Talks to end the national bus strike continued late on Tuesday as Labour Minister Mildred Oliphant, bus drivers and companies were still trying to thrash out a pay rise that everyone will agree to.
"The minister is driving the process and she is very determined," SA Transport and Allied Workers Union (Satawu) spokesperson Zanele Sabela said outside the negotiating room.
Workers want a 9.5% salary increase in the first year and 9% in the second year. They initially wanted 12%, while employers offered 7%.
Bus drivers represented by Satawu, the National Union of Metalworkers of South Africa (Numsa), Tirisano, the Transport and Allied Workers Union of South Africa (Tawusa) and the Transport and Omnibus Workers Union went on strike from April 18.
The broader Numsa fraternity will also be part of a nationwide protest on Wednesday over a proposed national minimum wage of R20 per hour that its mother body, the SA Federation of Trade Union, has rejected.
Talks to end the bus strike reached a deadlock at the Commission for Conciliation, Mediation and Arbitration and Oliphant was brought in to help.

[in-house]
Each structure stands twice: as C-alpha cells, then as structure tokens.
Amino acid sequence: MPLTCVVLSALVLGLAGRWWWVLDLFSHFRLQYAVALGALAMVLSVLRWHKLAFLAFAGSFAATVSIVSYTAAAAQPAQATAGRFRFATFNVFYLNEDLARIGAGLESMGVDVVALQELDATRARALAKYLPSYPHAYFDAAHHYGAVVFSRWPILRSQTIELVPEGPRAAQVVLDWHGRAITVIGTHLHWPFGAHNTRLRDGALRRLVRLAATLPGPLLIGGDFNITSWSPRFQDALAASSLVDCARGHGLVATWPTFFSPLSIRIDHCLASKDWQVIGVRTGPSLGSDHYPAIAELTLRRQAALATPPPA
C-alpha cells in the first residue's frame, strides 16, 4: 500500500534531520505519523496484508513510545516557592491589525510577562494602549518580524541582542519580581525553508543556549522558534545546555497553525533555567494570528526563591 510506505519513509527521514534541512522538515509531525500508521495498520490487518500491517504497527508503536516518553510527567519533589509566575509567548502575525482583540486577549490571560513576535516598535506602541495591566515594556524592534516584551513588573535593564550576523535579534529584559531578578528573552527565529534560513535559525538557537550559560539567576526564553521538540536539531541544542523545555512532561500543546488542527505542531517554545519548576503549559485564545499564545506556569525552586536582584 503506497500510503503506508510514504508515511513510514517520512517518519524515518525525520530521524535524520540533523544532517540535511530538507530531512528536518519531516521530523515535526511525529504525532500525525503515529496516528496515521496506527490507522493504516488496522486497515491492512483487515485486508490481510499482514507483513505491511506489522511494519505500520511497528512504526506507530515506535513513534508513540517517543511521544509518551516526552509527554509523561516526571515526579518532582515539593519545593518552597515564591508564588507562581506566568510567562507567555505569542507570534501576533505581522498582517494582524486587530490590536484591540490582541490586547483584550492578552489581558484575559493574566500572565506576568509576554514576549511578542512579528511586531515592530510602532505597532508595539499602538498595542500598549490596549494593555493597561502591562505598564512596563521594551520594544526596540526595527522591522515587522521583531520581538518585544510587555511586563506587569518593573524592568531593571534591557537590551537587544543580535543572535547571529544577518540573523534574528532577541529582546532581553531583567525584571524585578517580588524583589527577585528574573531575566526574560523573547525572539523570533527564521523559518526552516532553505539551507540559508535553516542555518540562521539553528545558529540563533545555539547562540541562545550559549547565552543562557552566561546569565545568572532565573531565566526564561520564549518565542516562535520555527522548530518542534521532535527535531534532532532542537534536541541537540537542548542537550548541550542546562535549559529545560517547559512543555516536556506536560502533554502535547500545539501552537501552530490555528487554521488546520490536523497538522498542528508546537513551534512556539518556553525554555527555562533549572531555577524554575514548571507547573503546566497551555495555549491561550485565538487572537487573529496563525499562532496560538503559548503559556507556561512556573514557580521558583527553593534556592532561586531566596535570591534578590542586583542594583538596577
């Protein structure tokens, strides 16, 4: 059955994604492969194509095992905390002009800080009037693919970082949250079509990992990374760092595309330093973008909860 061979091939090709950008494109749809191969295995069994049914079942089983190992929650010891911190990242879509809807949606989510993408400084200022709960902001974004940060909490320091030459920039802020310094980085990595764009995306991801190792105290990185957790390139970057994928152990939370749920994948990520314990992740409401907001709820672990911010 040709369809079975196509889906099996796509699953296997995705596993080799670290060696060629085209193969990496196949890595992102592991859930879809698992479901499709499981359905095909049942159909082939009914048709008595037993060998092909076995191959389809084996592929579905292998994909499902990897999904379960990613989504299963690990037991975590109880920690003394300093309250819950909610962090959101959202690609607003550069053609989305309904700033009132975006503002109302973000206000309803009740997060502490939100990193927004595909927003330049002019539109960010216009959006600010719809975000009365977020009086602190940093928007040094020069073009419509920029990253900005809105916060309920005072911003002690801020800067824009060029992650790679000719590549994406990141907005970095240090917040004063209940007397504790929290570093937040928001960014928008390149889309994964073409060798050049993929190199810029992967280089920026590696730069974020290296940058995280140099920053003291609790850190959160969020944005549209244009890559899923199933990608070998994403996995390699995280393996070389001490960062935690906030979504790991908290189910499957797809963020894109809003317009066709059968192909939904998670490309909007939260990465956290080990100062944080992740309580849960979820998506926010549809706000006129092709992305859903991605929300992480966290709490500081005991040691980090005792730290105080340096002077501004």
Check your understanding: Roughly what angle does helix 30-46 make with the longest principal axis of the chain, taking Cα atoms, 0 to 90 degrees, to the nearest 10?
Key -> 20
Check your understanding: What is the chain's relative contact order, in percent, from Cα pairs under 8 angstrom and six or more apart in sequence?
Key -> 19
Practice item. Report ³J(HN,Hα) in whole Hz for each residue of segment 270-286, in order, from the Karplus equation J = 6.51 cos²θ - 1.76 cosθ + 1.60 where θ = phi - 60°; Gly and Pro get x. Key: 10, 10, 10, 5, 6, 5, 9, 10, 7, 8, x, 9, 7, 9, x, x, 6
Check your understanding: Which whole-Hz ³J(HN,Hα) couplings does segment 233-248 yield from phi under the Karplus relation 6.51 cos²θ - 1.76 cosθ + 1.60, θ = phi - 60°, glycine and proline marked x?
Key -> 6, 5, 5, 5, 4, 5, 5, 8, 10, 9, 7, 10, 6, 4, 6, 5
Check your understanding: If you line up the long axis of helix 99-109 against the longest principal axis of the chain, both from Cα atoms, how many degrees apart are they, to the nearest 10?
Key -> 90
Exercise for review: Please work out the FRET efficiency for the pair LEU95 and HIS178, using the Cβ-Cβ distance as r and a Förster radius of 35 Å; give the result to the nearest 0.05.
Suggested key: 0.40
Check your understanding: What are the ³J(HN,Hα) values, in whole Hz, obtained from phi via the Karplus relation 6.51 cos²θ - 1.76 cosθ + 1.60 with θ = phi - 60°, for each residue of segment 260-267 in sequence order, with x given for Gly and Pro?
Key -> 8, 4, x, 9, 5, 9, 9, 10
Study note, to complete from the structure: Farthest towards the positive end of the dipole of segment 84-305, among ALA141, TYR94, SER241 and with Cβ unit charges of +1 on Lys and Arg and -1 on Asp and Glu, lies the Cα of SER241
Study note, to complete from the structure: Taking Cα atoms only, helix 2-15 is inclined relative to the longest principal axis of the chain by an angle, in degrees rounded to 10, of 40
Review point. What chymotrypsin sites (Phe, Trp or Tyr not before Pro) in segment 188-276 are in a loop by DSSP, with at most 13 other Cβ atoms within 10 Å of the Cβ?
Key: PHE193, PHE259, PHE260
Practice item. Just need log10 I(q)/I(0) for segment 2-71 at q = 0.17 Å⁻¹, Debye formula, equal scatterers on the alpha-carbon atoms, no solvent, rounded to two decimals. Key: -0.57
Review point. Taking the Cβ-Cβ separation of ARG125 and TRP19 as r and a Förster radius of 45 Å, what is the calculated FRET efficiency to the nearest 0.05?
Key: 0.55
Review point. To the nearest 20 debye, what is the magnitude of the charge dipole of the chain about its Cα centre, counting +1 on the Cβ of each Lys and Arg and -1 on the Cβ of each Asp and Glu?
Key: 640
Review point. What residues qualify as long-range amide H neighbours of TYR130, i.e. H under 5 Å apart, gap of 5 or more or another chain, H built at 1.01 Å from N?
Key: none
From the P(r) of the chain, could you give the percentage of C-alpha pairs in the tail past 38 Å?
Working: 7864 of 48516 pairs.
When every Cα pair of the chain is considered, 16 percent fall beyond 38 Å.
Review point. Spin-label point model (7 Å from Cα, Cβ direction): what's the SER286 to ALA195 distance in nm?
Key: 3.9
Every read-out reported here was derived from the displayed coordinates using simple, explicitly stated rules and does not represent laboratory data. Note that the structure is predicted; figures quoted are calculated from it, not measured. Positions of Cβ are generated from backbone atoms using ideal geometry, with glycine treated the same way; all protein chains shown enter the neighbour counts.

SA Road Passenger Bargaining Council secretary general Gary Wilson told News24 there was no settlement yet, but he was relieved that all the parties were still talking.
"As long as talks happen, there is a prospect of something coming out," said Wilson.
Commuters who had their own cars had to drive themselves to their destinations or catch trains or taxis during the strike.
Metrorail in the Western Cape has tried to help in Cape Town area, but two power failures have affected its trains.
Technical repairs were under way on Tuesday to make sure trains run on Wednesday.
In the meantime, according to Wilson, the bus strike is still on.